Is it a not-so-subtle reminder, or just plain embarrassment? We suspect a little of both. How many other cars define the engine’s configuration on the rev counter? The new C55 does, via a small V8 label.
The C55 signifies a return to AMG’s V8 roots, after barely a three-year flirtation with a supercharged V6. AMG found 8100 homes for the C32, but the AMG engineers seem much happier now that there’s a serious, big-capacity, naturally aspirated 5.4-litre V8 powering the meatiest C-Class. And the badge is there to, well, to ensure the owners don’t forget.
As if they could. It’s not the performance – AMG claims 5.2sec to 62mph for both C55 and C32 – or even the transformation to a deep, wonderfully muscular exhaust note, but the makeover in the dynamics that stands their new sports saloon apart. The C55 marks a small, but perceptible, shift towards a sharper, more sporting focus, that sets it closer to the M3 than any previous AMG hotrod C-Class.
The C55 looks beyond the long-established AMG rules that defined its antecedents, by adding a degree of handling finesse that will surprise enthusiasts who see any AMG 55 model (and there are plenty) as mere exercises in point-and-squirt driving.
In swapping 349bhp V6 for 362bhp V8 (from the CLK 55 AMG) to coincide with the C-Class’s mid-life facelift, the AMG engineers saw an opportunity to maximise the benefits of the chassis modifications planned for the regular C. Most obviously, the steering is seven per cent quicker. Doesn’t sound much, but with just 2.7 turns it’s more accurate and precise, especially around the on-centre position, as well as requiring noticeably smaller wheel movements. Very un-Mercedes- Benz.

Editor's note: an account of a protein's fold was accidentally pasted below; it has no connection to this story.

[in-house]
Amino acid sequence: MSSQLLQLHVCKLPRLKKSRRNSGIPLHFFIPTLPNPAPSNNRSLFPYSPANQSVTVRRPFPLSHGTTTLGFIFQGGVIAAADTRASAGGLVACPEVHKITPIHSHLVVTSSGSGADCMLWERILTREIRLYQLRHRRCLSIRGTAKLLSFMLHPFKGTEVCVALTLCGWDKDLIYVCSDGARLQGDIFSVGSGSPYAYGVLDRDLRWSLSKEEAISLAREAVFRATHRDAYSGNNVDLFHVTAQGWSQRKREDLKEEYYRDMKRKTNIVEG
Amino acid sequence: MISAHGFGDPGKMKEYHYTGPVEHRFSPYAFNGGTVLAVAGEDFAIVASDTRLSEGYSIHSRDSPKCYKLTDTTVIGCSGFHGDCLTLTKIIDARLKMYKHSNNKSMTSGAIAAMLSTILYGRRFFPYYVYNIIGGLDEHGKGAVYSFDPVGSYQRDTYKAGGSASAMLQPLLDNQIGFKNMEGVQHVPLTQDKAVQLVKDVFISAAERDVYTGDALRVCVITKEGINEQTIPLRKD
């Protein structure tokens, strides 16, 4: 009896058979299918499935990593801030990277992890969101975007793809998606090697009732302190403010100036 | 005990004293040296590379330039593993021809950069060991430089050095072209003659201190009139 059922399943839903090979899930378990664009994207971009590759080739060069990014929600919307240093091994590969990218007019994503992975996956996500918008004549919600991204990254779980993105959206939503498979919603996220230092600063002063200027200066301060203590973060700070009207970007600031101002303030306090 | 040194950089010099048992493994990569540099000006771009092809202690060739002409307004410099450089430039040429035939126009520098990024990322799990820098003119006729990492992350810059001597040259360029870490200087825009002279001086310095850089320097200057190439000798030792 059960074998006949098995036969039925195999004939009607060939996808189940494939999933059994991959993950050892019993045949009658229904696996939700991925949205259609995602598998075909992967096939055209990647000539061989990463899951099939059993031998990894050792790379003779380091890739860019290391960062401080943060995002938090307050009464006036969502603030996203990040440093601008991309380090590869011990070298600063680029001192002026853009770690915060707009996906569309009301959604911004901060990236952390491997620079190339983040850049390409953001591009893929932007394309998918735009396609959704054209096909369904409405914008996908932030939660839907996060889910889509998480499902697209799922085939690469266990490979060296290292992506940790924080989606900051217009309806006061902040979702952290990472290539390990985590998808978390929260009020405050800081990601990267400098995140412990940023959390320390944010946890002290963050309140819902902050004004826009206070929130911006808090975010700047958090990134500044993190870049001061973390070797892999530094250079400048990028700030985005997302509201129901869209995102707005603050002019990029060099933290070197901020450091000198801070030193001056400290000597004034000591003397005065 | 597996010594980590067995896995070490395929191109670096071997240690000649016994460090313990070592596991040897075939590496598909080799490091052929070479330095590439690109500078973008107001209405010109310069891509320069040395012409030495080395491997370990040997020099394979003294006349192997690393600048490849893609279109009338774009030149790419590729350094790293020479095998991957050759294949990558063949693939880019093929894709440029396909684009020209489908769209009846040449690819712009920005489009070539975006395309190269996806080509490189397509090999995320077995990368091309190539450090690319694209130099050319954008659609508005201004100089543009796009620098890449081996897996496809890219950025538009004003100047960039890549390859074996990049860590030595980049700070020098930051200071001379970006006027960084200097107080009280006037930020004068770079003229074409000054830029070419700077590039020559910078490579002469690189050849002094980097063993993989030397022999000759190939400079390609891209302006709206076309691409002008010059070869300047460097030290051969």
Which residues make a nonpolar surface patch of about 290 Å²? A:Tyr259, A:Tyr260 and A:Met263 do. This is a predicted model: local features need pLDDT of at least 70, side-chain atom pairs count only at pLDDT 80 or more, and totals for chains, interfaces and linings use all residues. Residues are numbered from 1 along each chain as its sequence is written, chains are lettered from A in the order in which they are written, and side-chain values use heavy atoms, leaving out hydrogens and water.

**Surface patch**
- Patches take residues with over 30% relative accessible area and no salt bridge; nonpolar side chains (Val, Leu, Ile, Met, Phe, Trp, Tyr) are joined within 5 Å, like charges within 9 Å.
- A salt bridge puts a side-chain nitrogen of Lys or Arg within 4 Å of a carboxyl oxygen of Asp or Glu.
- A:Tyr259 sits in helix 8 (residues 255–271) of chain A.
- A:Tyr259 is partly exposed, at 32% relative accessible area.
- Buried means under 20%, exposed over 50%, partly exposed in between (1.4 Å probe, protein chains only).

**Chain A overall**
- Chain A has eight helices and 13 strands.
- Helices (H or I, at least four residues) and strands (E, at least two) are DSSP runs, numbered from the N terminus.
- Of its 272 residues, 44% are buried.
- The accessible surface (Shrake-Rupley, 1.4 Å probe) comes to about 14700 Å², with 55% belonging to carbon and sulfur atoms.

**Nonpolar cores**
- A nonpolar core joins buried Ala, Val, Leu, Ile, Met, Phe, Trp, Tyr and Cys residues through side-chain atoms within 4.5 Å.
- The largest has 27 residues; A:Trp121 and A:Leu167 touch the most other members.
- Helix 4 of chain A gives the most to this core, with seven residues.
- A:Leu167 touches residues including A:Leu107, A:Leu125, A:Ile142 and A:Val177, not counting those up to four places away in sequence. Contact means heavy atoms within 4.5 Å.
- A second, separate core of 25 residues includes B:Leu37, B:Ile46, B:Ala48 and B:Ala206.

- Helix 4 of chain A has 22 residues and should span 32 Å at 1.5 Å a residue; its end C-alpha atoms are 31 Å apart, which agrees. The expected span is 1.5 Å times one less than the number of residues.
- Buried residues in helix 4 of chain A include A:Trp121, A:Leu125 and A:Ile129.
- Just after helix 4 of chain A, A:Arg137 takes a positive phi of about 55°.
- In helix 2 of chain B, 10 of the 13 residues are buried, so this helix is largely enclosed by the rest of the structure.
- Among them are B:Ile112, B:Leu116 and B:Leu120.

The impression of greater agility begins here and is well supported by a 14mm-wider front track, 20 per cent firmer springs and dampers, and subtle revisions to the suspension’s kinematics.
AMG has also rethought it’s philosophy on how the (standard and still five-speed) automatic gearbox functions. A new manual mode – in addition to sport and comfort modes – means just that. No kickdown and, more important, no changing up at the engine cut-out. What a difference this makes to the driver’s feeling of being coupled with the car and being ready for action when the right road opens up to issue the challenge.
As a result, the C55 feels much better sorted than the C32, and the driver more connected. It’s an altogether more satisfying and natural performance car, the handling always flaunts its greater fluency and near neutrality, so the C32’s understeer is a thing of the past.
Exceptional body control helps, as does knowing that the gearbox isn’t about to jump up a ratio just when the car’s leaning hard on the outside rubber through a favourite apex. I’m not saying the C55 is going to knock the M3 from its perch as the performance benchmark – even if you could forget the Beemer’s near eight-grand price advantage – but it’s much closer, and far more rewarding than Audi’s (also V8) S4.